In , DeLay was prosecuted for money laundering and conspiracy, in connection with the illegal use of corporate funds. Craddick was also questioned, but he was never indicted. In , Rick Perry was indicted for abusing gubernatorial power, after he threatened to defund an anti-corruption agency. I wonder if Ted Cruz can dance. Texas has always had a burlesque side to its politics. The columnist Molly Ivins made a national reputation as a humor writer by lampooning the people we elect to office.
One of my favorites in this category was Mike Martin, a state representative from Longview. In , someone shotgunned the trailer he lived in during his months in Austin. Martin was inside, and was slightly injured. He declared that the shooting was in reprisal for an investigation he was pursuing involving a satanic cult. Ivins, who died in , would have loved writing about Mary Lou Bruner, a seventy-year-old retired schoolteacher from Mineola, who last year ran as a Republican for an open seat on the Texas State Board of Education—a frequent battleground of the culture wars.
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Because ten per cent of American public-school students live in Texas, the state exerts a great influence on the textbook-publishing industry. During her campaign, Bruner posted on Facebook that Barack Obama had worked as a male prostitute in his twenties. Somehow, she made it to a runoff, which she then lost. Like many reporters in Texas, I received wild e-mails from Morrow for several years. He once claimed that George H.
In , Morrow took out a full-page ad in a local newspaper:. Morrow, a fifty-three-year-old Princeton graduate with an M. Texas Republicans were having an unhappy time of it in Rick Perry, who retired from the governorship the previous year, was K. Compounding the embarrassment, Morrow announced that he was running for President himself. This turned out to be against the rules for the Travis County chairman. At a meeting held in August, the Party deposed him. Morrow, who was present at the meeting, wearing a floppy motley-fool hat, did not object.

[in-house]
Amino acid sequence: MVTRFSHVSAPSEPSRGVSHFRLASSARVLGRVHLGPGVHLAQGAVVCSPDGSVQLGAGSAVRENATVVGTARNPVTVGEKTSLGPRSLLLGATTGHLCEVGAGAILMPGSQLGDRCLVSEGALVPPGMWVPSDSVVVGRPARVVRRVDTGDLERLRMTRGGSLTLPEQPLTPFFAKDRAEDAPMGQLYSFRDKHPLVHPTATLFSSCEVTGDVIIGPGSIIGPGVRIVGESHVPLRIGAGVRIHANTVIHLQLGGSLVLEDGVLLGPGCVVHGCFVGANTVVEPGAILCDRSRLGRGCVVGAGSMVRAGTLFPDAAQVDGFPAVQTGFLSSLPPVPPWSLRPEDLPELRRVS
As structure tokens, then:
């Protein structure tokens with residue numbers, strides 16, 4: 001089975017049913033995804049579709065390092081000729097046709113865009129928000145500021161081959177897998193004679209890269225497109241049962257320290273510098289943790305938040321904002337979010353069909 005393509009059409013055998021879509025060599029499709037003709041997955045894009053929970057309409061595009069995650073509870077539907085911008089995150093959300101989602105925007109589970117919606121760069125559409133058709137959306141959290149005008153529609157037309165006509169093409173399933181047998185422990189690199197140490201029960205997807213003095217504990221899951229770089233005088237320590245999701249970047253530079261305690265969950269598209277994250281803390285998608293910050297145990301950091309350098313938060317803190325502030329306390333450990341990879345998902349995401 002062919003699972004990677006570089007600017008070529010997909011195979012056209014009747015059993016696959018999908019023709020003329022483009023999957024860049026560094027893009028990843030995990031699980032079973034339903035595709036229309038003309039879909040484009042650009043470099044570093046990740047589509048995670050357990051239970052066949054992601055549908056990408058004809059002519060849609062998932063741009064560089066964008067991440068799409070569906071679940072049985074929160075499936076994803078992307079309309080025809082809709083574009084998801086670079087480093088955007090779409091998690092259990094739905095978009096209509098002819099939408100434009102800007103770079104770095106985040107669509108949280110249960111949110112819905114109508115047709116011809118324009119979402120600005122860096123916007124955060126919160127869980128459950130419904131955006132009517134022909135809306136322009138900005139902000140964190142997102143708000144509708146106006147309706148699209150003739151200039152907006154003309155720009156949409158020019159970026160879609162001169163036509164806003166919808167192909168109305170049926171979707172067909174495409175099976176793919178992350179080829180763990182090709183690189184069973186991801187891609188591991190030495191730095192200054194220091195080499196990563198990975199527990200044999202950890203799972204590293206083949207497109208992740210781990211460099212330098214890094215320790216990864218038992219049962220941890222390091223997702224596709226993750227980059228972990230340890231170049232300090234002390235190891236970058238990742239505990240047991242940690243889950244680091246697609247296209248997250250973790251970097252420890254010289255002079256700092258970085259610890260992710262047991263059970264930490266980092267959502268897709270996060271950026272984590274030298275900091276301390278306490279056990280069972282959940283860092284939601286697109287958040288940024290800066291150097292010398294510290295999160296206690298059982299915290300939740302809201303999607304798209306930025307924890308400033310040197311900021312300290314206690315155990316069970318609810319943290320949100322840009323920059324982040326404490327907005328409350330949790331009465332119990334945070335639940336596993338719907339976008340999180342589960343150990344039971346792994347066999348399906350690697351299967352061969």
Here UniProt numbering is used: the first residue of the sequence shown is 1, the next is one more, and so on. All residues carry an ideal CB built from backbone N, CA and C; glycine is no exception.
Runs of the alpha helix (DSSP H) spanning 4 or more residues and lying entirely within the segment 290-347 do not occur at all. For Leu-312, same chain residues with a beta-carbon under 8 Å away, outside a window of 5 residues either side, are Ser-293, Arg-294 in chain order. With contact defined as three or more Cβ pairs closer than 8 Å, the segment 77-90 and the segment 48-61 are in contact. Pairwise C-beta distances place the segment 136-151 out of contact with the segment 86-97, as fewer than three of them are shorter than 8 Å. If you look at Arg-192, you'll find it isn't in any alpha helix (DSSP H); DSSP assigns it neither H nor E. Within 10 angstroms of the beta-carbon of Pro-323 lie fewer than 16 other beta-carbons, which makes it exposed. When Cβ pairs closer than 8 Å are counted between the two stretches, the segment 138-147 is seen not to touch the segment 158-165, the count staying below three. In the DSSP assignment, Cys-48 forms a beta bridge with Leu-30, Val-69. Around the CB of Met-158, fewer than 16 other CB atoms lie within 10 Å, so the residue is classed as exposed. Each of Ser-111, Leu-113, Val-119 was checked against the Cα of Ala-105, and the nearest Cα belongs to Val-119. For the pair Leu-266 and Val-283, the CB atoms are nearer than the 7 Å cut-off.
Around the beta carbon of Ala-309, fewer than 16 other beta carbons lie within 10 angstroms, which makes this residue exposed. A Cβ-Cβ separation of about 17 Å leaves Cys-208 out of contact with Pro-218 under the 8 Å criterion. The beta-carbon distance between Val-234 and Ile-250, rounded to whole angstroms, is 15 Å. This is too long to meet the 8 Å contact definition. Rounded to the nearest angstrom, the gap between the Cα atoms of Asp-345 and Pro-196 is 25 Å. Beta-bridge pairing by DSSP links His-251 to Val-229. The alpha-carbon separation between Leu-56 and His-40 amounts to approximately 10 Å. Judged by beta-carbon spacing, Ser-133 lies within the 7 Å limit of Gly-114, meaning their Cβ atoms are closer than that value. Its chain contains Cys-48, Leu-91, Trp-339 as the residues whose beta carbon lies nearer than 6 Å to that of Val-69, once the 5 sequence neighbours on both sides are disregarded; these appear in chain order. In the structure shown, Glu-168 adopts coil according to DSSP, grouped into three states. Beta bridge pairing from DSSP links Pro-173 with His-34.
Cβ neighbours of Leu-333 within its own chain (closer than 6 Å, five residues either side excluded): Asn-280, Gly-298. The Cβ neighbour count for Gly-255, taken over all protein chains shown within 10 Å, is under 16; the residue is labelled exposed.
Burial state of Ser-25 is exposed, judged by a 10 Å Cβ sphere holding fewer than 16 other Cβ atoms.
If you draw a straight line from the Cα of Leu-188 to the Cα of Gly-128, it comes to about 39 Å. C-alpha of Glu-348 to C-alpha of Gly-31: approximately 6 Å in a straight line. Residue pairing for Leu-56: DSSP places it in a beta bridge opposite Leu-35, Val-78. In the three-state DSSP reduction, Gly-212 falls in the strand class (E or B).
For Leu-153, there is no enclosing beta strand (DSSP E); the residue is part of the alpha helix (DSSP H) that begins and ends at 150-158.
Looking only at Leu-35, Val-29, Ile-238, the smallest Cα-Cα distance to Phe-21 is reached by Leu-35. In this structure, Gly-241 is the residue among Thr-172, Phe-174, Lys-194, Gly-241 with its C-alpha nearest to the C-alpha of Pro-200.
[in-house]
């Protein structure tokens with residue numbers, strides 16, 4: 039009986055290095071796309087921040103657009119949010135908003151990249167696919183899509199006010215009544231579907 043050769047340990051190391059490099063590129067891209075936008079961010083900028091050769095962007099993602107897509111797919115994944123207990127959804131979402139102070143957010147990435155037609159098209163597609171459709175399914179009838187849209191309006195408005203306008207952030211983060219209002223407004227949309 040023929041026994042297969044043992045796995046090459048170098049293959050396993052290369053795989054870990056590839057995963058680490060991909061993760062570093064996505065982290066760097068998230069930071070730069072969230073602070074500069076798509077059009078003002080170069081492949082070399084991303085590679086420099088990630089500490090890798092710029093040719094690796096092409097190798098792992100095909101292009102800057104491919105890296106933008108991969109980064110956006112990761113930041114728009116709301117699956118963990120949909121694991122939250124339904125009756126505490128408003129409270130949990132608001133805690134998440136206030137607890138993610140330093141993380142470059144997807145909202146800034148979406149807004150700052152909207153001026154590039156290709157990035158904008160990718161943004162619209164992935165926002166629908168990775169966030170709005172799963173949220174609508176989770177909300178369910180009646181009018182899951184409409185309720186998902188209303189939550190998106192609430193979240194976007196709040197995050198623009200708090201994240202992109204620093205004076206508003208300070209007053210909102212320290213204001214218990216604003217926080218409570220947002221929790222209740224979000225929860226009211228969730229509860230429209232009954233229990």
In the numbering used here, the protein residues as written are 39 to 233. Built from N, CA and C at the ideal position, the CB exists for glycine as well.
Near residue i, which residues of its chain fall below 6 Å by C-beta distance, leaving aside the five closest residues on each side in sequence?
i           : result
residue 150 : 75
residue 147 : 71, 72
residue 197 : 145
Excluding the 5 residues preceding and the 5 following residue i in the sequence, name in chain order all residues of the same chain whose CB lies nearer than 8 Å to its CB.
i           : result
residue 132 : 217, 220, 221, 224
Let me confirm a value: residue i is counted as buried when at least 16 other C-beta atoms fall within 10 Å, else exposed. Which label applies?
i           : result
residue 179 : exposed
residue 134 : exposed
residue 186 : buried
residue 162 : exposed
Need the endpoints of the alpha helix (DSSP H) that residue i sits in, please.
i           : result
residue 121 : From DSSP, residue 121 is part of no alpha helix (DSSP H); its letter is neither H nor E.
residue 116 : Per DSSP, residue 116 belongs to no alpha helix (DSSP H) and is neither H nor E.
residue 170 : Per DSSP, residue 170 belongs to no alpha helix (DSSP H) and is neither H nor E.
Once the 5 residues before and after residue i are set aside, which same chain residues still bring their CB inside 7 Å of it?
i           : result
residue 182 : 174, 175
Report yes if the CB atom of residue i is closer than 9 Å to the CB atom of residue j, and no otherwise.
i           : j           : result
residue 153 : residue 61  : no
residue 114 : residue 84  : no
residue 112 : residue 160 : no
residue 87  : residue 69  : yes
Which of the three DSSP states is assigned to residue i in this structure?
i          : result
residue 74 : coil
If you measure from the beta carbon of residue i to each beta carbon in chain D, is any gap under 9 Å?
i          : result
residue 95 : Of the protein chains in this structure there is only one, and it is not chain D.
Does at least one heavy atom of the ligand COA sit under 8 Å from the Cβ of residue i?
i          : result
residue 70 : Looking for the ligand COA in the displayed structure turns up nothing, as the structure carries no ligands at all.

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The Texas capitol, constructed of red granite, was completed in The state was destitute then, and paid for the building with three million acres of public land in the Panhandle—about the size of Connecticut. At the time, the capitol was said to be the seventh-largest building in the world, and, as one would expect, it is somewhat taller than its uncle in Washington, D.
During the summer in Austin, nighthawks swirl around the crowning statue on the dome: the Goddess of Liberty, holding aloft a golden star. The sessions begin on the second Tuesday in January and end around Memorial Day. In the session, the state budget worked out to about a hundred billion dollars per year. This year, a drop in the price of oil and a rise in population augured substantial cutbacks and a struggle to meet the health and safety needs of citizens. When I visited the capitol in January, a group of high-school girls stood on a terrazzo mosaic in the middle of the rotunda.
In the center was the seal of the Republic of Texas, a lone star wreathed in branches of olive and live oak. On the walls of the rotunda hang portraits of our former governors. When a portrait arrives at the end of the circle on the ground floor, it moves to the wall of the floor above, and then higher and higher and further into obscurity. The next portrait that will ascend from the lobby is that of W. He passed himself off as a rube, but he was a savvy operator.
He had become famous as the host of a radio show in which he performed with his band, the Light Crust Doughboys. Radio was his Twitter. His only real platform was to stir things up.
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In his first race, he defeated eleven contenders, without a runoff. As governor, he reneged on promises he had made to abolish the death penalty, block the sales tax, and raise pensions.
He was terribly ineffectual but such a compelling showman that, in , voters sent him to the U. Senate over a young man named Lyndon Johnson—the only election Johnson ever lost. Of all the governors on the rotunda walls, Ann Richards, who served from to , was the most memorable, at least in my lifetime.
She became a national figure when, as the state treasurer, she gave the keynote address at the Democratic National Convention. He was born with a silver foot in his mouth.
Her rise to governor, as a recovered alcoholic and a divorced mother of four, was a near-miracle. He blew that lead with a series of character-revealing gaffes. In that instant, he lost the election. Richards wore designer suits but picked her teeth, and she cleaned her fingernails with a Swiss Army knife.